Narcissistic parents can take a lot of different forms. It could be the father who’s so invested at yelling at his son to run faster from the sidelines during a pee wee soccer game that he doesn’t realize he’s embarrassing himself. It could be the social butterfly mother who excels at networking and who everyone admires. It could be a well-respected doctor who’s known in the town she lives for having achieved top honors at an Ivy League university. There’s more than one way to be a narcissistic parent, and that’s why children of narcissistic parents sometimes don’t even realize that they’re the victims of this damaging personality disorder.
In his Psychology Today article on narcissistic parents, Preston Ni expresses exactly what makes narcissistic parents different than other parents who might just have other flaws in their parenting styles: “What distinguishes the narcissistic parent is a pervasive tendency to deny the offspring, even as an adult, a sense of independent self-hood. The offspring exists merely to serve the selfish needs and machinations of the parent(s).”
So how do you know if your parent or caretaker shows narcissistic traits? Ni says that looking for signs like these is a good place to start:
1. Narcissistic parents interpret all of their children’s actions as directed at them personally.
For instance, as a child, you may have asked your mother if you could have a friend over for a sleepover. If she didn’t think the house was clean enough for a guest to see, she might have said something like, “Why do you keep doing things like this to me? Why are you so inconsiderate?” The action actually didn’t involve the parent at all, but the parent interpreted it that way because, as a narcissist, she interprets everything through the lens of how it relates to her.
2. They try to live through their children.
Probably the most classic and well-known example of this is a father who wants his son to be a sports star because he was never quite as good at sports as he wanted to be. This storyline does play out often, but remember this trait can take on other forms besides the fathers-and-sports form; it could, for example, involve a mother entering her 4-year old daughter into beauty pageants.
3. They see their children as their competition.
For some narcissists, their need to be the best and most admired extends even to their children. Unlike most parents, who are not only comfortable with seeing their children exceed them but are proud and happy to see their children exceed them, some narcissistic parents feel threatened and undermined when their children show any sign of superiority to themselves. They’ll therefore try to keep their children down, not giving them a chance to excel and criticizing them harshly.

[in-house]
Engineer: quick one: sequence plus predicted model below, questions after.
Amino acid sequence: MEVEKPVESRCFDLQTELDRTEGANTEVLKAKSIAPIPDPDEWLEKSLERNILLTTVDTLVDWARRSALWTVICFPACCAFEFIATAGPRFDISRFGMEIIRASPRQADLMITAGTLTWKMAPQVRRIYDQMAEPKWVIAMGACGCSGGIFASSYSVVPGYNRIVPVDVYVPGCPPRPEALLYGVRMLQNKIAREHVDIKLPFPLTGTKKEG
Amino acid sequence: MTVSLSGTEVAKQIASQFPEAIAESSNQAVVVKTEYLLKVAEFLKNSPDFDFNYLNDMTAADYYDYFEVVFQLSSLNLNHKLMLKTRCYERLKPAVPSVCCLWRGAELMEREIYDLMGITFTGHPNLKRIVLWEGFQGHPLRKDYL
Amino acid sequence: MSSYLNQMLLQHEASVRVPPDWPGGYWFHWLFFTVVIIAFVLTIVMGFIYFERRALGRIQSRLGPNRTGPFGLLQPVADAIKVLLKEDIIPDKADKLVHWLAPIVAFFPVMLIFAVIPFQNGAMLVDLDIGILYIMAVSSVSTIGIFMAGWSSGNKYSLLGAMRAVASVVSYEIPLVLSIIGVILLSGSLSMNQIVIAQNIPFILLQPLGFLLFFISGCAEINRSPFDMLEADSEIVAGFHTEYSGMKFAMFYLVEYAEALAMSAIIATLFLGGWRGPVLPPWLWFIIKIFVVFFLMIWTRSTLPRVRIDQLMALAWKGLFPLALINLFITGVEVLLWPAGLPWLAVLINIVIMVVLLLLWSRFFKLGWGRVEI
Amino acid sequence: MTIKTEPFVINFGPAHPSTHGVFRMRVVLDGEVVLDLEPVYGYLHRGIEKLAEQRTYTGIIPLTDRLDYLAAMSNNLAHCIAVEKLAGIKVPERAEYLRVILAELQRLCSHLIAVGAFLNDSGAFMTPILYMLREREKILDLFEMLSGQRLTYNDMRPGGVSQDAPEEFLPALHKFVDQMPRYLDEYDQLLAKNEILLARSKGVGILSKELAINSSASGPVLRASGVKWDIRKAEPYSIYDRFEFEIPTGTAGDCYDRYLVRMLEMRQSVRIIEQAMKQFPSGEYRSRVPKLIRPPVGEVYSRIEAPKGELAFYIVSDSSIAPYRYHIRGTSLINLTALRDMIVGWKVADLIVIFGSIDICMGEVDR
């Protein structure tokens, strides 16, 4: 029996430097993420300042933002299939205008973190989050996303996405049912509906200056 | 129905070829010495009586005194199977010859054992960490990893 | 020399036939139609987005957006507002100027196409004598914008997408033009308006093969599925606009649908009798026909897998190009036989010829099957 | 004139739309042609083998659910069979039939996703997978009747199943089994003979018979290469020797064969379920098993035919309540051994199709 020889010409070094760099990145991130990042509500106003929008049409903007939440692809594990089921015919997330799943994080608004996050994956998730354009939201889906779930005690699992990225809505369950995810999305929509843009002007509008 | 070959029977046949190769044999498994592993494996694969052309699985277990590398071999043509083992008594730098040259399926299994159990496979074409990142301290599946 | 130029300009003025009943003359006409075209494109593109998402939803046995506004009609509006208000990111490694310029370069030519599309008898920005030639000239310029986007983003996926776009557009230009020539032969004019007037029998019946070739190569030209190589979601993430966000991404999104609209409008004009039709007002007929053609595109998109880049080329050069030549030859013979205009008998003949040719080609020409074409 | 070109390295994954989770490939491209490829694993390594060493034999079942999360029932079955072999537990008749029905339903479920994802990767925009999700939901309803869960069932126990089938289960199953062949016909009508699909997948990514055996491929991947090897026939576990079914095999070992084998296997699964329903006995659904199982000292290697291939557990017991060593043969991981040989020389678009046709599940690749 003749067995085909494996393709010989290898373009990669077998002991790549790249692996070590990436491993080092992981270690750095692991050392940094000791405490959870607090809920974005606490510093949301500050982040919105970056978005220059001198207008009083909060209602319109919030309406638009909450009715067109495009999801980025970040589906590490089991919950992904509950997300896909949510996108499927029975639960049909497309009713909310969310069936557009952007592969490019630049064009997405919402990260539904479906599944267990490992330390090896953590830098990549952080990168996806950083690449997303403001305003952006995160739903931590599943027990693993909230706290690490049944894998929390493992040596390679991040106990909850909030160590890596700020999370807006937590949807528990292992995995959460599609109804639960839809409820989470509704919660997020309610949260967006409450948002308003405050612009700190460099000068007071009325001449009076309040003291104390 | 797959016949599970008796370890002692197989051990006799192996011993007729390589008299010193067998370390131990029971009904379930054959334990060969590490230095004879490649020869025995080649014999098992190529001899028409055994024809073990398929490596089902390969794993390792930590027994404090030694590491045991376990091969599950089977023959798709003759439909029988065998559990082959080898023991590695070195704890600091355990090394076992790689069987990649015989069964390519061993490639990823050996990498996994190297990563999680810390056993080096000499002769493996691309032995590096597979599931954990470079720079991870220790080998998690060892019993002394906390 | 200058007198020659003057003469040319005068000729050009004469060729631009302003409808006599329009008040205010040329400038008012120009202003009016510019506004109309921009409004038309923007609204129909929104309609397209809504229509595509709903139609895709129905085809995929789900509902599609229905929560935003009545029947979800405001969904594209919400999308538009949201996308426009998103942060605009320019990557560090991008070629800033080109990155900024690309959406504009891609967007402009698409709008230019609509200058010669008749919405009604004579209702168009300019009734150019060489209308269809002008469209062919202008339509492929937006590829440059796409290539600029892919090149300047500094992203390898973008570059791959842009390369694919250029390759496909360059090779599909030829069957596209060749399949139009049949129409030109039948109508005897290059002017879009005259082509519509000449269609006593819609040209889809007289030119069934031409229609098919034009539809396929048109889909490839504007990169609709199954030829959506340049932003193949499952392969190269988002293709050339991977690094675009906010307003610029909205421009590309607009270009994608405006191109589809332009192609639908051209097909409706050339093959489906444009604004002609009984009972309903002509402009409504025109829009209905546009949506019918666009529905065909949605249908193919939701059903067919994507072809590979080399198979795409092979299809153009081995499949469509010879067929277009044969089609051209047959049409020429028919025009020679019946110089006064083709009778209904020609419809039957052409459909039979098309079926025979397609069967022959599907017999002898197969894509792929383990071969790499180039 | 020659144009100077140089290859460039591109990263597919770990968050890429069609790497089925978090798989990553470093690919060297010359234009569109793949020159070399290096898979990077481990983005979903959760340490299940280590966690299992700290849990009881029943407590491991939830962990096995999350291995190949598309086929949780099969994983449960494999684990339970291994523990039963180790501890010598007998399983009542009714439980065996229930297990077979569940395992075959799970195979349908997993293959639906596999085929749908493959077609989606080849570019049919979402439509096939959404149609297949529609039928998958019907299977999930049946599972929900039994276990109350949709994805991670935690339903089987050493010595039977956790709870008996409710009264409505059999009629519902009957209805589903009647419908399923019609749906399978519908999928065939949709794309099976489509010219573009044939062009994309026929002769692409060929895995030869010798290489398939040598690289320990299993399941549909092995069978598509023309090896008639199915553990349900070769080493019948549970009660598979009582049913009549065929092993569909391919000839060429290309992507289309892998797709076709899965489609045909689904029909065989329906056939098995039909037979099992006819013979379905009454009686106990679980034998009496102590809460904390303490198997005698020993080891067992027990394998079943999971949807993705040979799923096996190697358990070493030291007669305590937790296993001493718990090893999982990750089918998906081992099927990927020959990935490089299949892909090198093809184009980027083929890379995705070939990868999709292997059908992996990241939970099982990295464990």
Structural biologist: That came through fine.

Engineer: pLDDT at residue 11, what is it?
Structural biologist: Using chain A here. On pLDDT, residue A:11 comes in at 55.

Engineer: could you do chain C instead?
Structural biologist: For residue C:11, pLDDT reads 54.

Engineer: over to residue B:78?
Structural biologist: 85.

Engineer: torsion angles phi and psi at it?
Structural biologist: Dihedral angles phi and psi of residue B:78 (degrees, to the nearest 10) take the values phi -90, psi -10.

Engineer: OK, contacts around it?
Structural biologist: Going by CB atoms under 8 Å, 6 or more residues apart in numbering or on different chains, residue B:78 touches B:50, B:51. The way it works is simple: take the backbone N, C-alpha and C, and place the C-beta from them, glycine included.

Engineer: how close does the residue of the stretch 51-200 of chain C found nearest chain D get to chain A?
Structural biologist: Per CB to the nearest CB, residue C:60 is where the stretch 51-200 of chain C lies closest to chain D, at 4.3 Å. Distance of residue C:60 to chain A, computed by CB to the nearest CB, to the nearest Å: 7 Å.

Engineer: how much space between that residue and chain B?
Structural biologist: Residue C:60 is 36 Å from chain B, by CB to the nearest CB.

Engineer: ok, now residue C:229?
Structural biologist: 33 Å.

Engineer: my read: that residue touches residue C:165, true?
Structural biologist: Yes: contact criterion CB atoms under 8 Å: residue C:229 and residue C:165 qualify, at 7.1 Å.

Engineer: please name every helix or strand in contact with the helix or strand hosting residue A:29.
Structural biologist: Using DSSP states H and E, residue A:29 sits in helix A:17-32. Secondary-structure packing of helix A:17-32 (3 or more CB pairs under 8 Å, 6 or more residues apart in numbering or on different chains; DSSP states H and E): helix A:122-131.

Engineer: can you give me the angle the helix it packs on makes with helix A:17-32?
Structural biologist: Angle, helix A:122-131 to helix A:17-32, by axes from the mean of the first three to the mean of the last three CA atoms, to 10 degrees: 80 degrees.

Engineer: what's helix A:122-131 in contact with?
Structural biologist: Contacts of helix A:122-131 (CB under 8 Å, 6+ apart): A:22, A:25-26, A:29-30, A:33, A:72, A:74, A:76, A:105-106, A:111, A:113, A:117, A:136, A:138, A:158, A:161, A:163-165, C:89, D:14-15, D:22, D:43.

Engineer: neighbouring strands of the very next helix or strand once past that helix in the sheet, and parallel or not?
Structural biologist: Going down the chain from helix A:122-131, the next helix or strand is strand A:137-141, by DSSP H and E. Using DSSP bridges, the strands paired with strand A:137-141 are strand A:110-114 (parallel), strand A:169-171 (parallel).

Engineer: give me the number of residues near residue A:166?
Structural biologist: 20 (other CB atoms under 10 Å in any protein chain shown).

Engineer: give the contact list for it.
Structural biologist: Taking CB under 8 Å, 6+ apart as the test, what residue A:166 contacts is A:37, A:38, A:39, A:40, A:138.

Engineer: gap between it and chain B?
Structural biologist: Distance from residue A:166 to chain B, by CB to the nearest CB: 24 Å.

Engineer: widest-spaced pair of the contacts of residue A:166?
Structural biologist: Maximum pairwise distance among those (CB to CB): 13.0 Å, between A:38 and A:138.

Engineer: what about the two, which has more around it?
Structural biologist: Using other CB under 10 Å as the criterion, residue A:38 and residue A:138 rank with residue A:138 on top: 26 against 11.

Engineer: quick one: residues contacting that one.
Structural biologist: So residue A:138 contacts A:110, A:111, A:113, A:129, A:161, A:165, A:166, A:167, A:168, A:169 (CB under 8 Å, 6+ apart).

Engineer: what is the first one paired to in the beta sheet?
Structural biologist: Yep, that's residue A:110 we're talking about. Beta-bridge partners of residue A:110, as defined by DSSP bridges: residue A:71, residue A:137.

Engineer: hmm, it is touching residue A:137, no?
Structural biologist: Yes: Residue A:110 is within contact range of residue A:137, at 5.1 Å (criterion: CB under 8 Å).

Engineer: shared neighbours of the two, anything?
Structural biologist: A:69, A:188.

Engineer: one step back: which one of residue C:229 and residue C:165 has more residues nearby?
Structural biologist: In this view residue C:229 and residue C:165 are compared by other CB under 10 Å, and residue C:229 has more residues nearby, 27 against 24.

4. Narcissistic parents manipulate their children.
Ni lists several different ways narcissistic parents might do this: guilt trips, blaming, shaming, negative comparison (such as to a sibling), unreasonable pressure, and emotional coercion. As he explains, “A common theme running through these forms of manipulation is that love is given as a conditional reward, rather than the natural expression of healthy parenting.”
5. They act dependent on their children or foster co-dependency.
A classic example of this kind of behavior is when parents expect their children to support them for their entire lives to an extent that is unreasonable, such as a huge financial burden for the child or an impossible time commitment from the child. As Ni notes, the expectation that children will care for their aged parents isn’t in itself unhealthy, but the expectation of an unreasonable amount of help is. It shows that the parent thinks they are the center of the universe and are entitled to their child’s entire existence.
6. They neglect their children.
Lastly, narcissistic parents can sometimes be absent parents who go for long stretches at a time without even thinking about how their lack of physical or emotional availability is affecting their children.
In addition to these signs that you can look for in parents, there are also some signs that you can look for in yourself when trying to find out if you were raised by a narcissistic parent.
7. You’re not assertive, and you let people walk all over you.
The logic here is pretty obvious: You got used to being railroaded by your narcissistic parent, so you internalized submission as a general way of behaving. You also feel a deep need not to act like your parent, so you go too far in the opposite direction and completely avoid asserting your own needs.
8. You never really feel like anyone will love you unconditionally.
Because your narcissistic parent’s love was conditional on something – doing exactly what they wanted you to do, letting them shine, putting their needs before your own needs even as a child, etc – you’ve come to believe that love is dependent on your achievements, not on anything inherently lovable about you.
9. You’re not sure how you wound up in your current life.
Narcissistic parents often force, manipulate, or pressure a child into their own idea of a best life plan, regardless of what the child wants. If you look around you and feel like none of the big parts of your life (job, significant other, place you live, etc) are results of your own choices, then there’s a good chance you have a narcissistic parent.
If these descriptions are sounding like you and your parents, then make sure to come back for my next post, which will be all about what to do if you have a narcissistic parent! Although nothing can make up for the difficulties you’ve already faced with such a parent, there are strategies you can use to move forward in your adult life.
If you are interested in talking more about the effects of narcissistic parents in your own life and what you can do about them, you can call us at (305) 501-0133 or click here to schedule a free 20-minute Clarity Consult.